EADS must look to the lessons of Airbus's Power8 restructuring process as it targets increased efficiencies and better productivity from its military businesses, says Stefan Zoller, chief executive of the company's Defence & Security sector.

"Airbus must deliver more, so it's obvious that the rest of the company has been asked to deliver more and show better productivity," Zoller said in London ahead of the 11-14 September DSEi exhibition. Predicting 2007 earnings for the EADS DS business unit higher than last year's total of almost €350 million ($ million), he said: "The operational performance is getting better. I inherited a business that I could improve further, but that delivers."

Stefan Zoller 

"EADS was a bunch of different companies very much focused on their national customers, but there has been a lot of integration over the last seven years, and it pays back now," said Zoller. "As we go forward you won't see such duplication."

Zoller believes EADS DS should expand its activities beyond its home territories in a bid to improve its international coverage. "Our order backlog is around 70% in Europe. We have to globalise and go for new technologies and new business models." The company is prepared to pursue fresh mergers and acquisitions, he added, listing intelligence, surveillance and reconnaissance systems, unmanned air vehicles and homeland security technologies as areas of key interest.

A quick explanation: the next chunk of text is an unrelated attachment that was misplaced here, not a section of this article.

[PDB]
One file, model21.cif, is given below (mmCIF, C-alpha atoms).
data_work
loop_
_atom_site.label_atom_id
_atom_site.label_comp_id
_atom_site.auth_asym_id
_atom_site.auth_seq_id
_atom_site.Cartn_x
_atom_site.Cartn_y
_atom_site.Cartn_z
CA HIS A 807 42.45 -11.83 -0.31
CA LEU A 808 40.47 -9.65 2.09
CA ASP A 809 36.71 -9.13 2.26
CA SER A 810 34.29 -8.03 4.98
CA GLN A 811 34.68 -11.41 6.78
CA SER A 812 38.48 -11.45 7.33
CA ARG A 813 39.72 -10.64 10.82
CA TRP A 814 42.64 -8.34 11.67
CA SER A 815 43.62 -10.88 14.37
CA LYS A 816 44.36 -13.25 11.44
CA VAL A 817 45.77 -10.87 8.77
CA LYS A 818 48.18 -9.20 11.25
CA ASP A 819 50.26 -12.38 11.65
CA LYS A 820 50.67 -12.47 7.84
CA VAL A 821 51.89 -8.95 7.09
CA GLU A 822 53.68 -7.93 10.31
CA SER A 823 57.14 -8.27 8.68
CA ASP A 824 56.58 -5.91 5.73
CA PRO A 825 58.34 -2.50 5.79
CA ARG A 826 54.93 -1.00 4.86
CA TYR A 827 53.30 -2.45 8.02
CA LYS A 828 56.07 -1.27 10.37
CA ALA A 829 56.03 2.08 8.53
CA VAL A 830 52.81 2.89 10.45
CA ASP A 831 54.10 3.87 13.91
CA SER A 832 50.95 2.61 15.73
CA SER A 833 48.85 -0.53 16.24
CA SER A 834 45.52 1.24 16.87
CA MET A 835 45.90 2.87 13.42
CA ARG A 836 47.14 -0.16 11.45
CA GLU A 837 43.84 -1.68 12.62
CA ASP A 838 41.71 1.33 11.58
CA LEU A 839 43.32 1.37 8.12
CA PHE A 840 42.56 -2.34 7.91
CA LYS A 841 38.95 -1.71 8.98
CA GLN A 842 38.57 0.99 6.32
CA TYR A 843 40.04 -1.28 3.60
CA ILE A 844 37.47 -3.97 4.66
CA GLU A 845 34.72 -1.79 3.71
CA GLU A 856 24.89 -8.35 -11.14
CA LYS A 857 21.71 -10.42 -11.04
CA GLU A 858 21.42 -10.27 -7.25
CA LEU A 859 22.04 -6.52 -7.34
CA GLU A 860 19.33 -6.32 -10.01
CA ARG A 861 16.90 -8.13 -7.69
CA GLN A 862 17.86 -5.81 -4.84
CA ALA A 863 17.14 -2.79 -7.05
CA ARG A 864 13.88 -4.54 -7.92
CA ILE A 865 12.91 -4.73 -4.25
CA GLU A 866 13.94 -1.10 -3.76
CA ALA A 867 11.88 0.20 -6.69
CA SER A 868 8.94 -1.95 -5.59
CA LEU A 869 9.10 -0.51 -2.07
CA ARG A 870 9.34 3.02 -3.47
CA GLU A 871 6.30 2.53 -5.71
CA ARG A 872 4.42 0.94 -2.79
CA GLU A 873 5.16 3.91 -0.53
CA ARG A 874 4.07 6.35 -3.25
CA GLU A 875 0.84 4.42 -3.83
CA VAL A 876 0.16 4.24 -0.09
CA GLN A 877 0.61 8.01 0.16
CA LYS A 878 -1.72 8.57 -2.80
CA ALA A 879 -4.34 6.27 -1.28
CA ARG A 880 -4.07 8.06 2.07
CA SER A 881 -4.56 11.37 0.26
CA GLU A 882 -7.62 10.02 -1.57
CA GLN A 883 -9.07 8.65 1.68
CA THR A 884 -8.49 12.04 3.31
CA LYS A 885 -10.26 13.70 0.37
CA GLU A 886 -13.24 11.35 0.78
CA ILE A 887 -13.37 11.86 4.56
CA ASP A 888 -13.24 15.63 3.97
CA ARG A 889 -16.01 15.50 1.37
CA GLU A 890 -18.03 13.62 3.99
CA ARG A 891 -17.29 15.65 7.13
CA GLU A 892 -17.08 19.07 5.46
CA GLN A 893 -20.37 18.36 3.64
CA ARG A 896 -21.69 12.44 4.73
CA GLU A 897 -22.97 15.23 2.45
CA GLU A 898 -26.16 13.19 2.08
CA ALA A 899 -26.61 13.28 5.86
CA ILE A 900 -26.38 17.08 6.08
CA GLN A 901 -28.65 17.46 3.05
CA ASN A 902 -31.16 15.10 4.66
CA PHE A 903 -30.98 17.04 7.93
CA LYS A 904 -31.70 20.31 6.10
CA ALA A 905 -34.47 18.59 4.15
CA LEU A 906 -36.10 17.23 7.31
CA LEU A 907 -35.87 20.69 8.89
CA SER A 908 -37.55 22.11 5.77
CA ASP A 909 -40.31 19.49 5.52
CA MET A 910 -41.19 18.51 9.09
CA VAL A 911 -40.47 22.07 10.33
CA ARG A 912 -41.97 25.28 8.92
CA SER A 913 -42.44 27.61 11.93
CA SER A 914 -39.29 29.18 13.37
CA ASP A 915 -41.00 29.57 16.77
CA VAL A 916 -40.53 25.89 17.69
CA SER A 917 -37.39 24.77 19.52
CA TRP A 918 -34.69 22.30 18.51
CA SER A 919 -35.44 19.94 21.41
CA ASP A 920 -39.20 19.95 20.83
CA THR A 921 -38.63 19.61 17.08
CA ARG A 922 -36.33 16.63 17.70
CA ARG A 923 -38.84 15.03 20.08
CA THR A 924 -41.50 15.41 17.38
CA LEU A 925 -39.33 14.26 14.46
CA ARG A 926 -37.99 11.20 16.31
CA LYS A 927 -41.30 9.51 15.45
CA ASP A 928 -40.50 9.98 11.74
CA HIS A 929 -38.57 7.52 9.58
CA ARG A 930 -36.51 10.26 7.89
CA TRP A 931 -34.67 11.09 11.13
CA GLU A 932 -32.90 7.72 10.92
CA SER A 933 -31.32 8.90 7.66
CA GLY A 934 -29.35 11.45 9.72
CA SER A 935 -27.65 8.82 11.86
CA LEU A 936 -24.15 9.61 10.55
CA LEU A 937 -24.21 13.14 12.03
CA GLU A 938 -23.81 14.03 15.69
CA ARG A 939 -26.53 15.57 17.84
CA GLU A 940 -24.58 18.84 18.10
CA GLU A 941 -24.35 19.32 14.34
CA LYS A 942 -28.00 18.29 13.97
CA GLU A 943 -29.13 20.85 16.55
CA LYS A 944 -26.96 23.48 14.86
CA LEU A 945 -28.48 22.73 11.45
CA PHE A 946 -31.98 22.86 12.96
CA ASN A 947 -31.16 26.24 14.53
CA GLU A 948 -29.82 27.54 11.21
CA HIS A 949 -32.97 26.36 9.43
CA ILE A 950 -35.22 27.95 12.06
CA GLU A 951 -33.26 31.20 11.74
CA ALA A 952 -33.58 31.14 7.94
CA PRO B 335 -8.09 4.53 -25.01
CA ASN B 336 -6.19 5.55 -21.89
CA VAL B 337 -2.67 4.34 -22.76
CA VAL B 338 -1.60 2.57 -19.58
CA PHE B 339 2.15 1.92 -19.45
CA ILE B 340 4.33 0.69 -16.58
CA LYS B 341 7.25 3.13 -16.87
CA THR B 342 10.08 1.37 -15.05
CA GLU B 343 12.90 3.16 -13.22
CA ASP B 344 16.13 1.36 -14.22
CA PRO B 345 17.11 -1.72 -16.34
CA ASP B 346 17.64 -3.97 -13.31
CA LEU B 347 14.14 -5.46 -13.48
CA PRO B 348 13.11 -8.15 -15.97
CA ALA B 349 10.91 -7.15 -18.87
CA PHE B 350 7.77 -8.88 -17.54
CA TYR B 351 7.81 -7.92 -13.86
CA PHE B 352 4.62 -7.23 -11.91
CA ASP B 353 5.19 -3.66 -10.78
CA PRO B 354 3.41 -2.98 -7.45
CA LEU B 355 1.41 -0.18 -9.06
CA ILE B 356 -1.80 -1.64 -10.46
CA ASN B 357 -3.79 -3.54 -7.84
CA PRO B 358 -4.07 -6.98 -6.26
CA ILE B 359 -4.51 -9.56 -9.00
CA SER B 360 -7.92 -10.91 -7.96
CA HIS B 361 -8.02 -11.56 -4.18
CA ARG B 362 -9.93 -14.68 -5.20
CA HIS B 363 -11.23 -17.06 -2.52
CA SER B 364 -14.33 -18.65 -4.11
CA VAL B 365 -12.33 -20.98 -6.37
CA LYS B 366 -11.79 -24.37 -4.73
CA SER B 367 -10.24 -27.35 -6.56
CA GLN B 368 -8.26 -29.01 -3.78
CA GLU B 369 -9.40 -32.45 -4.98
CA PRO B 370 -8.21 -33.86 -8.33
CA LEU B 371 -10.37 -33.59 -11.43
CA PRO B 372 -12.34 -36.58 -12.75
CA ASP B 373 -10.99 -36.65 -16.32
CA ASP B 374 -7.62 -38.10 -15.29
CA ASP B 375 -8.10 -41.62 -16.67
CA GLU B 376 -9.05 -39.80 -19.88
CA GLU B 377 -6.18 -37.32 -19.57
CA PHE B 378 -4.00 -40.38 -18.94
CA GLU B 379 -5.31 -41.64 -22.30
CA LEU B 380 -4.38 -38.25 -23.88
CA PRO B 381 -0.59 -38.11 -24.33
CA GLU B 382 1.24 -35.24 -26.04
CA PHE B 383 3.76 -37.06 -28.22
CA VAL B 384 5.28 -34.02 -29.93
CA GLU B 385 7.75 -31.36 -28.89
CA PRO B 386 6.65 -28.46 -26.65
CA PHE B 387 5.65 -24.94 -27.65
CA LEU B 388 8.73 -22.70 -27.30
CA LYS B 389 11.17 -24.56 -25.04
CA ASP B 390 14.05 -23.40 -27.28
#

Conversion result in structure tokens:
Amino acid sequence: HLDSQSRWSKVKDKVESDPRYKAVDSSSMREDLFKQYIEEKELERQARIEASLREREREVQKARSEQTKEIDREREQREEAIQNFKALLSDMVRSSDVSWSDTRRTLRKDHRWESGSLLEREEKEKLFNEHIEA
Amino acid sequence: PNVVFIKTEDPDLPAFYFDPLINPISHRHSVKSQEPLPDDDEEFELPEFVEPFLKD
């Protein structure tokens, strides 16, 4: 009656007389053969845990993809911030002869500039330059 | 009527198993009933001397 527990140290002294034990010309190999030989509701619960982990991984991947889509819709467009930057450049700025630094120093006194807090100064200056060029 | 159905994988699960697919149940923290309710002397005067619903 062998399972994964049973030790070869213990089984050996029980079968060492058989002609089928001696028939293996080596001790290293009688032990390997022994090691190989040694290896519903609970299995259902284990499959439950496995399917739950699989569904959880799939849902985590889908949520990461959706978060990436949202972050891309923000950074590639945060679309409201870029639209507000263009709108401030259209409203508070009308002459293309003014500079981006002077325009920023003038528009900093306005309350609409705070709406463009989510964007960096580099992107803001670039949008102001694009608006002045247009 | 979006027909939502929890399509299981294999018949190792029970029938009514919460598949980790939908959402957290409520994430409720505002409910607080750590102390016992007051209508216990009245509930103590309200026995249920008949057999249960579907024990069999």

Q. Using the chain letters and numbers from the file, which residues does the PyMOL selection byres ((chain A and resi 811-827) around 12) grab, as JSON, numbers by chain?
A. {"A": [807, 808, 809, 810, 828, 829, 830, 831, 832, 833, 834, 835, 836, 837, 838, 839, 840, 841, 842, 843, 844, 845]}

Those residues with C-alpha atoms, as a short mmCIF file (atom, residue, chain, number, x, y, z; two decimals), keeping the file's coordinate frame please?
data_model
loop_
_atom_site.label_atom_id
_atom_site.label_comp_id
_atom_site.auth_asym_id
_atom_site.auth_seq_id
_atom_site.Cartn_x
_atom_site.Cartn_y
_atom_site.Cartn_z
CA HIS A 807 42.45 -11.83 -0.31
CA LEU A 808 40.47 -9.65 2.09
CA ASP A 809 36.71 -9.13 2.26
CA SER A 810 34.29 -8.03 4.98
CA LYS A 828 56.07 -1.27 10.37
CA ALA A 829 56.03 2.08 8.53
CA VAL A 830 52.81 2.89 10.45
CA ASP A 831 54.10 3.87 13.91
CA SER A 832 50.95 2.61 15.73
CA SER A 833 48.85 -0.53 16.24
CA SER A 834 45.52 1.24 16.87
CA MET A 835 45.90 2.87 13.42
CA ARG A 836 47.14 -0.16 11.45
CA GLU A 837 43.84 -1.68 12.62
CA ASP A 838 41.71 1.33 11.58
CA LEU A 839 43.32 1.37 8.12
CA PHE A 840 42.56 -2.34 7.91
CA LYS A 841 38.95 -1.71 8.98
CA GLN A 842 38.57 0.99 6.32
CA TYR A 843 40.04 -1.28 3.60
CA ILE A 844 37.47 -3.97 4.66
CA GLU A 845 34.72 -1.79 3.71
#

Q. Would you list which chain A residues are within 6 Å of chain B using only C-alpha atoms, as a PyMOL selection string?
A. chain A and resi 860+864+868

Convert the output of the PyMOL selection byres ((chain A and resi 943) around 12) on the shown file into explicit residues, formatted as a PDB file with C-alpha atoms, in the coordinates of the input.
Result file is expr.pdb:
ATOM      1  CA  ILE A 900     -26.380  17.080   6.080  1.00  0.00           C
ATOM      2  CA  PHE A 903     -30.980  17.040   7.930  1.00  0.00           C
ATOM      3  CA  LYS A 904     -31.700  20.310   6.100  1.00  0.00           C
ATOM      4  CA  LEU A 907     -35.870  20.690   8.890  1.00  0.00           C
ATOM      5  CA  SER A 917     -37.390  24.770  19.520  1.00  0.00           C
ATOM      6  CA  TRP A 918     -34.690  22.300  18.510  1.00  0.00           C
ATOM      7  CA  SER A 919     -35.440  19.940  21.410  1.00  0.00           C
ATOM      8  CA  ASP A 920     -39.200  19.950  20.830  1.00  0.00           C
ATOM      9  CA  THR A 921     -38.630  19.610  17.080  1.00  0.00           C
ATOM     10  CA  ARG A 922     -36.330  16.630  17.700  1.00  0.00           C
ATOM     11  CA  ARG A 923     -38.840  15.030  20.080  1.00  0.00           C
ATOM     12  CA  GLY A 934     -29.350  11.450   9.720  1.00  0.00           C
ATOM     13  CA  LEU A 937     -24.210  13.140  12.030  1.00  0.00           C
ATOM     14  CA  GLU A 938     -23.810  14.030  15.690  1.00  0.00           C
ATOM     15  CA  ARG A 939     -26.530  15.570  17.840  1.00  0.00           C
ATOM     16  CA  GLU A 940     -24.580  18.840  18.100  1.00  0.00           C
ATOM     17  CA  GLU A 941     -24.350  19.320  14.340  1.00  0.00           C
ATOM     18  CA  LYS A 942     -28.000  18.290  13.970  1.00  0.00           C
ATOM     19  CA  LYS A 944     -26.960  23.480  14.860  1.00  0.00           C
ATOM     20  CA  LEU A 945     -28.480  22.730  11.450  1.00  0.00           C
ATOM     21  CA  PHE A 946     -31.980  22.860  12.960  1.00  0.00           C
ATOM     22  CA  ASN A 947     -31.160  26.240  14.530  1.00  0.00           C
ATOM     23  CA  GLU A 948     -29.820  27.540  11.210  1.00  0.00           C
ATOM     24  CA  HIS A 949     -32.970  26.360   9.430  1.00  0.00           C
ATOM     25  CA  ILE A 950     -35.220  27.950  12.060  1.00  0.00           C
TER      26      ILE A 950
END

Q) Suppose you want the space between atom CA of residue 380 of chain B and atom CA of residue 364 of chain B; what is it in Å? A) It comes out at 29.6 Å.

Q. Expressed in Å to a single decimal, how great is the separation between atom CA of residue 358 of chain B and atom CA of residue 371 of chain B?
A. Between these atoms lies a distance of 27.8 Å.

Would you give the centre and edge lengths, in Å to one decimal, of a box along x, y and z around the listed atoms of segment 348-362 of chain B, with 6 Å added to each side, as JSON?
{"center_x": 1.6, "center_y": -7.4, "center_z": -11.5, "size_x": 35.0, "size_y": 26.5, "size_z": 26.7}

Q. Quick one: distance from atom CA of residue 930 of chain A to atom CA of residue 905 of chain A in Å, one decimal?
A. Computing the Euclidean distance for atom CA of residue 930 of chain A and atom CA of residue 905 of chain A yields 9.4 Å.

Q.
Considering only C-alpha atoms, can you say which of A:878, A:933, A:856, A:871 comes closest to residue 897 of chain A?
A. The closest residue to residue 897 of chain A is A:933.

Discussing several of EADS's leading military projects, Zoller confirmed that "the UK is asking for different numbers of aircraft" under its Tranche 3 production commitment to the Eurofighter Typhoon. "We must deliver a proposal and quotations before year-end based on different assumptions," he said. "But we assume the framework contract will be honoured by all nations."

The company also expects to see major changes to NATO's Alliance Ground Surveillance programme within the next month, with interest in acquiring a mixed fleet of manned and unmanned aircraft appearing to have shifted towards a fully unmanned capability.

If confirmed, the decision to acquire up to eight Northrop Grumman RQ-4 Global Hawk high-altitude long-endurance UAVs carrying Northrop/Raytheon MP-RTIP sensors would remove an earlier requirement for modified Airbus A321s carrying Transatlantic Cooperative AGS Radars. "There is a high probability that we might see a UAV-only solution," said Zoller. The decision would also come as bad news for Europe's SOSTAR-X radar demonstration effort, which had hoped to feed technologies into the AGS system.

Source: Flight International